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Thursday, October 06, 2022

Santa Fe students get tuition hike

Unlike the Florida afternoon sky, Santa Fe College students will not be making it rain any time soon.

Tuition at Santa Fe will increase by 10 percent this year as part of the budget President Jackson Sasser recently presented.

Sasser said the increase would amount to a little more than $200 per year for a student taking 30 credit hours.

Santa Fe sophomore Kyle McKay said he won't complain about the tuition increase, but he acknowledged that he does not pay his own tuition.

Sasser thinks Santa Fe students will still pay less than most state college and university students because most institutions are increasing tuition as much as possible. Sasser could have raised the tuition by up to 13 percent, according to state legislation signed by Gov. Rick Scott June 1.

The tuition raise comes as the school continues to take budget cuts that have hit since 2007.

McKay said he understands the school is in a tough place.

"We're going to have to start suffering the consequences, basically, of the economy we're in right now," he said.

The economy is partly what prompted Sasser to increase employees' salaries. He wanted to respect the needs of current employees and be able to recruit in the future.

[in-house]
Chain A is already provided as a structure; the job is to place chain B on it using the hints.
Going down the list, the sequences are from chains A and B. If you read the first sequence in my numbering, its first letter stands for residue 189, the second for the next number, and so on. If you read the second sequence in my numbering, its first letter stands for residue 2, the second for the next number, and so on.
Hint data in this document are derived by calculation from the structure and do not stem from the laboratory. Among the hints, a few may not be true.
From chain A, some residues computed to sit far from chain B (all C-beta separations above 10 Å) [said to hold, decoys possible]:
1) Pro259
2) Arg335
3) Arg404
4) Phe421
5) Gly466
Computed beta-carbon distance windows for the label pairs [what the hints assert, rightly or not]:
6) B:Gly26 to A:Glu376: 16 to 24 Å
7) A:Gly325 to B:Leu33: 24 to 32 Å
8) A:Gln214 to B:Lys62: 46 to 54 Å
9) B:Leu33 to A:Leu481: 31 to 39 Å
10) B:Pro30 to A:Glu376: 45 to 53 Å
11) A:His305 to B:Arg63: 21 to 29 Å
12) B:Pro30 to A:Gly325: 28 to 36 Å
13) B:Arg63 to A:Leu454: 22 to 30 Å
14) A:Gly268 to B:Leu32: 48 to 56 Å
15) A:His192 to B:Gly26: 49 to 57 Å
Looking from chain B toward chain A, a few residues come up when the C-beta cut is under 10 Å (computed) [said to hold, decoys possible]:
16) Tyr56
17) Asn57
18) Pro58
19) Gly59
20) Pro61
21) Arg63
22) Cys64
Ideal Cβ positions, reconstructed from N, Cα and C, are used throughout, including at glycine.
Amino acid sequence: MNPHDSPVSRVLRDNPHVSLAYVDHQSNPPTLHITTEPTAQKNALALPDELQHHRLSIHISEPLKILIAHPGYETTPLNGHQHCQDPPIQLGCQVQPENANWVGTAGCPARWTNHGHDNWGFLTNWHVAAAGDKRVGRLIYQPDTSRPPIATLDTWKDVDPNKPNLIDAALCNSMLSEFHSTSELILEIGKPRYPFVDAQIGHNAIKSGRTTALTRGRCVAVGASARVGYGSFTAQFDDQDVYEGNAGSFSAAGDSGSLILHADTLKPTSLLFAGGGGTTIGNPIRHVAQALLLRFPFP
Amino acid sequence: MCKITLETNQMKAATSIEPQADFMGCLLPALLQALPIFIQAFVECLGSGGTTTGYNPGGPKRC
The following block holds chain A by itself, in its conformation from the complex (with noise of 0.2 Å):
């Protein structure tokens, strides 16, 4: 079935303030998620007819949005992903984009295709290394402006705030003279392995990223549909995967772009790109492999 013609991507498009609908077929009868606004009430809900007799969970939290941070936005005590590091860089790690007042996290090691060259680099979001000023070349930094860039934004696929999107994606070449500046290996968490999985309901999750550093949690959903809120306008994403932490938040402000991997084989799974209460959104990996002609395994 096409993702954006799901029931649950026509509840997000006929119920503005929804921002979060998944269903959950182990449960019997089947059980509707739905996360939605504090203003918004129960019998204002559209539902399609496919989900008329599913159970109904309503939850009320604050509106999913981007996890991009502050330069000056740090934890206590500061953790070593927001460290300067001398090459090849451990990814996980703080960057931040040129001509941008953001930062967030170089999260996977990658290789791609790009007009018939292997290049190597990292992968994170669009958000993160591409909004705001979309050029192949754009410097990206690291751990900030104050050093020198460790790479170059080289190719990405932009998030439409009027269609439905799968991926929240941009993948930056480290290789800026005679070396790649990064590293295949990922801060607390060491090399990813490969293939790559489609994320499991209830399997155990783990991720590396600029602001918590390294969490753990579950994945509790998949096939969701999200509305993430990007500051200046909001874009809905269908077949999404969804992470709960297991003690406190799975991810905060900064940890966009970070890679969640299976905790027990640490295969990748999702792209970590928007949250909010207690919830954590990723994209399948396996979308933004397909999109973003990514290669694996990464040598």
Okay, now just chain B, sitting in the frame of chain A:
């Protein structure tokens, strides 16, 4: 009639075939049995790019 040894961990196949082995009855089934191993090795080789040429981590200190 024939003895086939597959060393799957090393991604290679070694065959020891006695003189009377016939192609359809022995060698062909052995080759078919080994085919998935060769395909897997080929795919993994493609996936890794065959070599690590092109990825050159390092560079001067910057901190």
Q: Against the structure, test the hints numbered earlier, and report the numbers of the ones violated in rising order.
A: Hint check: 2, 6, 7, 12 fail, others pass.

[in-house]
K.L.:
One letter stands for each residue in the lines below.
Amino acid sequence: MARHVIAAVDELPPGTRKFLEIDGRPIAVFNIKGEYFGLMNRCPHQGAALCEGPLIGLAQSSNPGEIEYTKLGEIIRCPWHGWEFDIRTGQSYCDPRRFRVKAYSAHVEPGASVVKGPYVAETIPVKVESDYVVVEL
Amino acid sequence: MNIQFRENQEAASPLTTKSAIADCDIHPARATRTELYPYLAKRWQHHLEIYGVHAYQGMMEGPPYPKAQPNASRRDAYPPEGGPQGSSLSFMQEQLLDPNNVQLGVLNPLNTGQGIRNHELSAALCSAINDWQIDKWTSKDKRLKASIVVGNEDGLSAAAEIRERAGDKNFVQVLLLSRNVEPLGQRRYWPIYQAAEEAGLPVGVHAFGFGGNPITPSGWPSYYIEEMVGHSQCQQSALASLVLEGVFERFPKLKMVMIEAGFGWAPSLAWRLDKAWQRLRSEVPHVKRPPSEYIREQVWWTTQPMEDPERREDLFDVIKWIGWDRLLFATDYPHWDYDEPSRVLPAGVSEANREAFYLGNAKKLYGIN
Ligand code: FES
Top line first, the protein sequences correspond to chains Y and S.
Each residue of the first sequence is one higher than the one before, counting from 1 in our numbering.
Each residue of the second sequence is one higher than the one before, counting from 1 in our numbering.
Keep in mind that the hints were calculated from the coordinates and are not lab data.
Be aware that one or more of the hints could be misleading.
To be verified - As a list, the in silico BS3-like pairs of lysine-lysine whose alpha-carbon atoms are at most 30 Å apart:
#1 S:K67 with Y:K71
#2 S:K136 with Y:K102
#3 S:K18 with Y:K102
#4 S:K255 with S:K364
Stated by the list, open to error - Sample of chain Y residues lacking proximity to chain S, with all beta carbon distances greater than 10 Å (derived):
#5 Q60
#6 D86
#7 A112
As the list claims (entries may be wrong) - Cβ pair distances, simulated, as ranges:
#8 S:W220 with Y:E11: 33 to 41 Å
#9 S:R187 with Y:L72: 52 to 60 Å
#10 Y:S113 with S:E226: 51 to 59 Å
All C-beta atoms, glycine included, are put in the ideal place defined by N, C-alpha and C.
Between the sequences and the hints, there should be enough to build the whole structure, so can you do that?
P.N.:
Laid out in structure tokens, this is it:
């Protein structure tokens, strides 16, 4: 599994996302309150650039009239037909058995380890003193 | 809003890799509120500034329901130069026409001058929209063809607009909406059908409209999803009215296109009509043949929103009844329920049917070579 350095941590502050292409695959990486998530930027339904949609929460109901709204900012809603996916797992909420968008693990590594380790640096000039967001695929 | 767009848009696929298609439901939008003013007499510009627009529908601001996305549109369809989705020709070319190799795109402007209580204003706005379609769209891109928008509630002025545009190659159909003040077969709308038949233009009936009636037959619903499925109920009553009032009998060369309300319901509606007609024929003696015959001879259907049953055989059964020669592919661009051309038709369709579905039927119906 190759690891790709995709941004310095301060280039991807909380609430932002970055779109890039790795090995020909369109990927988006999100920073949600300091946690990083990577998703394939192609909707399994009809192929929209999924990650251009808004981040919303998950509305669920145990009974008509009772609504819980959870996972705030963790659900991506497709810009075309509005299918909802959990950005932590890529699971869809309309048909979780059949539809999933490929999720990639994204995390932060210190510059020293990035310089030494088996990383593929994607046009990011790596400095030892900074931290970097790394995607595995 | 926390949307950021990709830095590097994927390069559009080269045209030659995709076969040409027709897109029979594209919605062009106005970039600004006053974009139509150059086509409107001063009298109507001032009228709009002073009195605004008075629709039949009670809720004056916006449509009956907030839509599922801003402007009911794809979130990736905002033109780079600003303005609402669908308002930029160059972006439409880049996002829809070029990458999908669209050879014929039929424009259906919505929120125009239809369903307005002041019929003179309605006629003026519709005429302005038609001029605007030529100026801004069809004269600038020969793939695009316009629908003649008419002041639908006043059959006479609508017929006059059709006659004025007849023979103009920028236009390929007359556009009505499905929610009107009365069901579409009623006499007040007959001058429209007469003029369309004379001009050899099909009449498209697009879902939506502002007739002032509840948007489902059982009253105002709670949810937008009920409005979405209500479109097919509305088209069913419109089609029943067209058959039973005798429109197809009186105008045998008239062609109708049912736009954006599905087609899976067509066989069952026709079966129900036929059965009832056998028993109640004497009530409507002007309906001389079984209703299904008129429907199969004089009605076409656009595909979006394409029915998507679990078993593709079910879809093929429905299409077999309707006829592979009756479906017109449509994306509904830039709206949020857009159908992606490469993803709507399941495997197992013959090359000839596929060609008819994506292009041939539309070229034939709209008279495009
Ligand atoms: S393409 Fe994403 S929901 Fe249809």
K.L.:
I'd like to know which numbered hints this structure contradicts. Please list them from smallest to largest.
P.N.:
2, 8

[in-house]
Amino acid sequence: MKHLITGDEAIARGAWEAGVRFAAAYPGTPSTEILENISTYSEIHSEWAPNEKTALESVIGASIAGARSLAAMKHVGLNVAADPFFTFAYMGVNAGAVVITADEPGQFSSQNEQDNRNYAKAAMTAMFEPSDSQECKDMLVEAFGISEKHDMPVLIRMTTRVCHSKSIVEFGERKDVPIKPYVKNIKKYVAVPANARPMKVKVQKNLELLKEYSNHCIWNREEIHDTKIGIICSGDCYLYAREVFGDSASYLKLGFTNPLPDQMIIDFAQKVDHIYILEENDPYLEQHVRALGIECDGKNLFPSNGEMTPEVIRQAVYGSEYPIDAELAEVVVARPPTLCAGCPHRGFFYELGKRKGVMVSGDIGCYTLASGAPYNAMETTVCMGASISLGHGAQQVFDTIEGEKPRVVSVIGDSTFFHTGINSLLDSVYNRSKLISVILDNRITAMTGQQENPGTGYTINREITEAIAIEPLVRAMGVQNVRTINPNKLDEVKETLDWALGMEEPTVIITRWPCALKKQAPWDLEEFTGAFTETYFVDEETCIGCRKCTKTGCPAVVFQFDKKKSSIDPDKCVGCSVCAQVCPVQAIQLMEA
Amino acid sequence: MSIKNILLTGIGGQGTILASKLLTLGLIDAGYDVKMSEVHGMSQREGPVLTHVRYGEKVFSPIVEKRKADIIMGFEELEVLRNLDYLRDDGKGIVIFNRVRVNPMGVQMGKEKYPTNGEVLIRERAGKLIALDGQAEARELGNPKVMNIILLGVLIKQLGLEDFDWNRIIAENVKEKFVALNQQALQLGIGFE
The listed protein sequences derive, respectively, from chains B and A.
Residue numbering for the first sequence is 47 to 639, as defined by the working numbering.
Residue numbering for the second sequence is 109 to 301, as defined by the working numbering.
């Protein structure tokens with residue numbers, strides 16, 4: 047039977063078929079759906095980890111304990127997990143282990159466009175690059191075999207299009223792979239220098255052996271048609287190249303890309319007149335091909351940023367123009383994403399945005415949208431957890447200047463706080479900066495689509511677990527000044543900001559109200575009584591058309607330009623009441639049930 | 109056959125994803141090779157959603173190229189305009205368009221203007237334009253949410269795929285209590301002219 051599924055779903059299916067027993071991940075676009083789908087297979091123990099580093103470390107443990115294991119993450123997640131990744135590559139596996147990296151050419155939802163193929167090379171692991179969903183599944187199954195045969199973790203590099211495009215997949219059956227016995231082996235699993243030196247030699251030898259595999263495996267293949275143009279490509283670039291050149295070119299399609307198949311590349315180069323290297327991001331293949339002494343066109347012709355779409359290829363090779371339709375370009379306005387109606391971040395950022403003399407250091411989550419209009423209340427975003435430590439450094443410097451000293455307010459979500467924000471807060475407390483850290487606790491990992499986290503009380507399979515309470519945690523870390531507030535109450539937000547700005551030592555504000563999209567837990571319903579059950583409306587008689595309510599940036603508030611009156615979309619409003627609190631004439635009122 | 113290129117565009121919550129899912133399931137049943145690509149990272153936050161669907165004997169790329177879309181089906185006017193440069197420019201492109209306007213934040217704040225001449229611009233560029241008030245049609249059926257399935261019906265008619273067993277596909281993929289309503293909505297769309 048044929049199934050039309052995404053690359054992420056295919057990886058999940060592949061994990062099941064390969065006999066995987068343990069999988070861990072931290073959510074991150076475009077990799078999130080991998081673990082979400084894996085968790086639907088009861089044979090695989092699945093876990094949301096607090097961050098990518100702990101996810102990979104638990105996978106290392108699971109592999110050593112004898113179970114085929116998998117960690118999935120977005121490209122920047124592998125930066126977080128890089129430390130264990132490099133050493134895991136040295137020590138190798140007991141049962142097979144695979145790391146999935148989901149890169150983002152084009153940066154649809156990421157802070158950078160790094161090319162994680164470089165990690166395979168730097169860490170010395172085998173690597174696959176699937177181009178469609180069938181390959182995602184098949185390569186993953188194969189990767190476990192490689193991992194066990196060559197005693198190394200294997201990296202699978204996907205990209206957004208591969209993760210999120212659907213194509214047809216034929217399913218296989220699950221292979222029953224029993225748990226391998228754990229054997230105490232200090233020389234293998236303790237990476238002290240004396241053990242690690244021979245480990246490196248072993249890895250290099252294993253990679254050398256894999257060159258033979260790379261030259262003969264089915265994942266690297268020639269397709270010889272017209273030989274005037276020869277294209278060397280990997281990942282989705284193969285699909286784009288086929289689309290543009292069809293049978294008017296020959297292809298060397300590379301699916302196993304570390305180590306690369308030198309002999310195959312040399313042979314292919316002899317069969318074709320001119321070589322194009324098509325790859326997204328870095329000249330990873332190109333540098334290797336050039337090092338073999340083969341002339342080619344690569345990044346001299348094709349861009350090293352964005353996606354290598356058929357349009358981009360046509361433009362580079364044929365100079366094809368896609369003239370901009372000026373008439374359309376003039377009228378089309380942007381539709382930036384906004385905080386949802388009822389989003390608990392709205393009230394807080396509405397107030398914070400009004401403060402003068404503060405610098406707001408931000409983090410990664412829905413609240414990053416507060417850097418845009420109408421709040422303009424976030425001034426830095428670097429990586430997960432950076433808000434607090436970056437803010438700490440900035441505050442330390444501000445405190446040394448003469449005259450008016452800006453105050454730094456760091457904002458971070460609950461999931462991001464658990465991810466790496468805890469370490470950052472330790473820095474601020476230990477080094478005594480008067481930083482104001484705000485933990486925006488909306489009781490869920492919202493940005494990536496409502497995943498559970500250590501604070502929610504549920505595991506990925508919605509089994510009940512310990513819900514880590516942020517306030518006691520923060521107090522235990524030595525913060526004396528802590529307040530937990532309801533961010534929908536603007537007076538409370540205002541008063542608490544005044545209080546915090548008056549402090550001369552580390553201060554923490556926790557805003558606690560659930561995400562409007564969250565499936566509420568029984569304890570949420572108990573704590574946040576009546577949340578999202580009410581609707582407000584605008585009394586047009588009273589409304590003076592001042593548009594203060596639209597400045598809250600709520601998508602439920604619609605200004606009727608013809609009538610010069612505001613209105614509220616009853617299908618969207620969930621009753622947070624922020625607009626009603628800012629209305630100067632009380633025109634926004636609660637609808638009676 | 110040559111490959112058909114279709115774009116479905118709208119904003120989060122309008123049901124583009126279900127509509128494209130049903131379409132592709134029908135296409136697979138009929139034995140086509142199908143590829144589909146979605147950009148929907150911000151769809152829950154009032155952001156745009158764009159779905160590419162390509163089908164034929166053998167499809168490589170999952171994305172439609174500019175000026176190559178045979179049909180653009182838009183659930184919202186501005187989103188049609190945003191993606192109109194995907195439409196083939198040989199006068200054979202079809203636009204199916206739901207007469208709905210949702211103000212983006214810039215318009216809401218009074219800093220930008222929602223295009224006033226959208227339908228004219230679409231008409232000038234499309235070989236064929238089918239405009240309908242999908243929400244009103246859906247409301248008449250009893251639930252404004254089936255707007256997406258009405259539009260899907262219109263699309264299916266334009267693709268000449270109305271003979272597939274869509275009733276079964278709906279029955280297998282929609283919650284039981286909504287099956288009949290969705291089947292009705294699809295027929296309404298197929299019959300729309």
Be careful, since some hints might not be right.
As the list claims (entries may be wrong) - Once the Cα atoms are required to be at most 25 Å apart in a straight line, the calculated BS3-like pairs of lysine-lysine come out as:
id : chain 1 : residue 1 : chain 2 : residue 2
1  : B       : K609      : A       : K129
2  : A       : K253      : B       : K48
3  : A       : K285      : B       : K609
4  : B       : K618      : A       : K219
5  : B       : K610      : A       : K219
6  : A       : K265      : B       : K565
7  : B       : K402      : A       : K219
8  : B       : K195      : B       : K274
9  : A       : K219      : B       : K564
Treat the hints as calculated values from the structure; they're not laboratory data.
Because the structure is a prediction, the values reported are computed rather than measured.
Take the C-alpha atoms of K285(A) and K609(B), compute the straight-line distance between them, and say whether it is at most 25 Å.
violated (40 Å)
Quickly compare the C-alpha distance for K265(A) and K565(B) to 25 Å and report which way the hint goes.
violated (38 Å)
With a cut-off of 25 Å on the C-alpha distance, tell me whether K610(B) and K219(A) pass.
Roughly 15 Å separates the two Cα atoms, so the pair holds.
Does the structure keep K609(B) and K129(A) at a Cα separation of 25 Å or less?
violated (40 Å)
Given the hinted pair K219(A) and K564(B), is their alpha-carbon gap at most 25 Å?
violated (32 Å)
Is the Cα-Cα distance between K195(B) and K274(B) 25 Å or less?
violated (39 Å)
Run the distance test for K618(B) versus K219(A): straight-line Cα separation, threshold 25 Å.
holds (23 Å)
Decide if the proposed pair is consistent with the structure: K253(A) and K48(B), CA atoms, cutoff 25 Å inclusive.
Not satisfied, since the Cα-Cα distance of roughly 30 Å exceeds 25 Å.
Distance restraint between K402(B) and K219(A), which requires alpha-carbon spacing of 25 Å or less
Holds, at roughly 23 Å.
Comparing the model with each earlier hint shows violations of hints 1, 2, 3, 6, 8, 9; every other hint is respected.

Sasser said Santa Fe has already missed out on top candidates because of salaries.

"And that's tragic," he said.

The 2011-2012 budget featured a different kind of financial change for the school's employees.

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All employees will get a raise and an additional 2.5 percent cost of living increase. The cost of living increase will be applied to the post-raise salary.

Sasser emphasized that the tuition increase is not directly related to raises.

David Price, president of the Santa Fe College Senate and professor of history and political science, estimated that his raise will be around $3,000. Price will have to put about $1,500 towards the Florida Retirement System.

Employees who have been at the school longer will receive larger raises.

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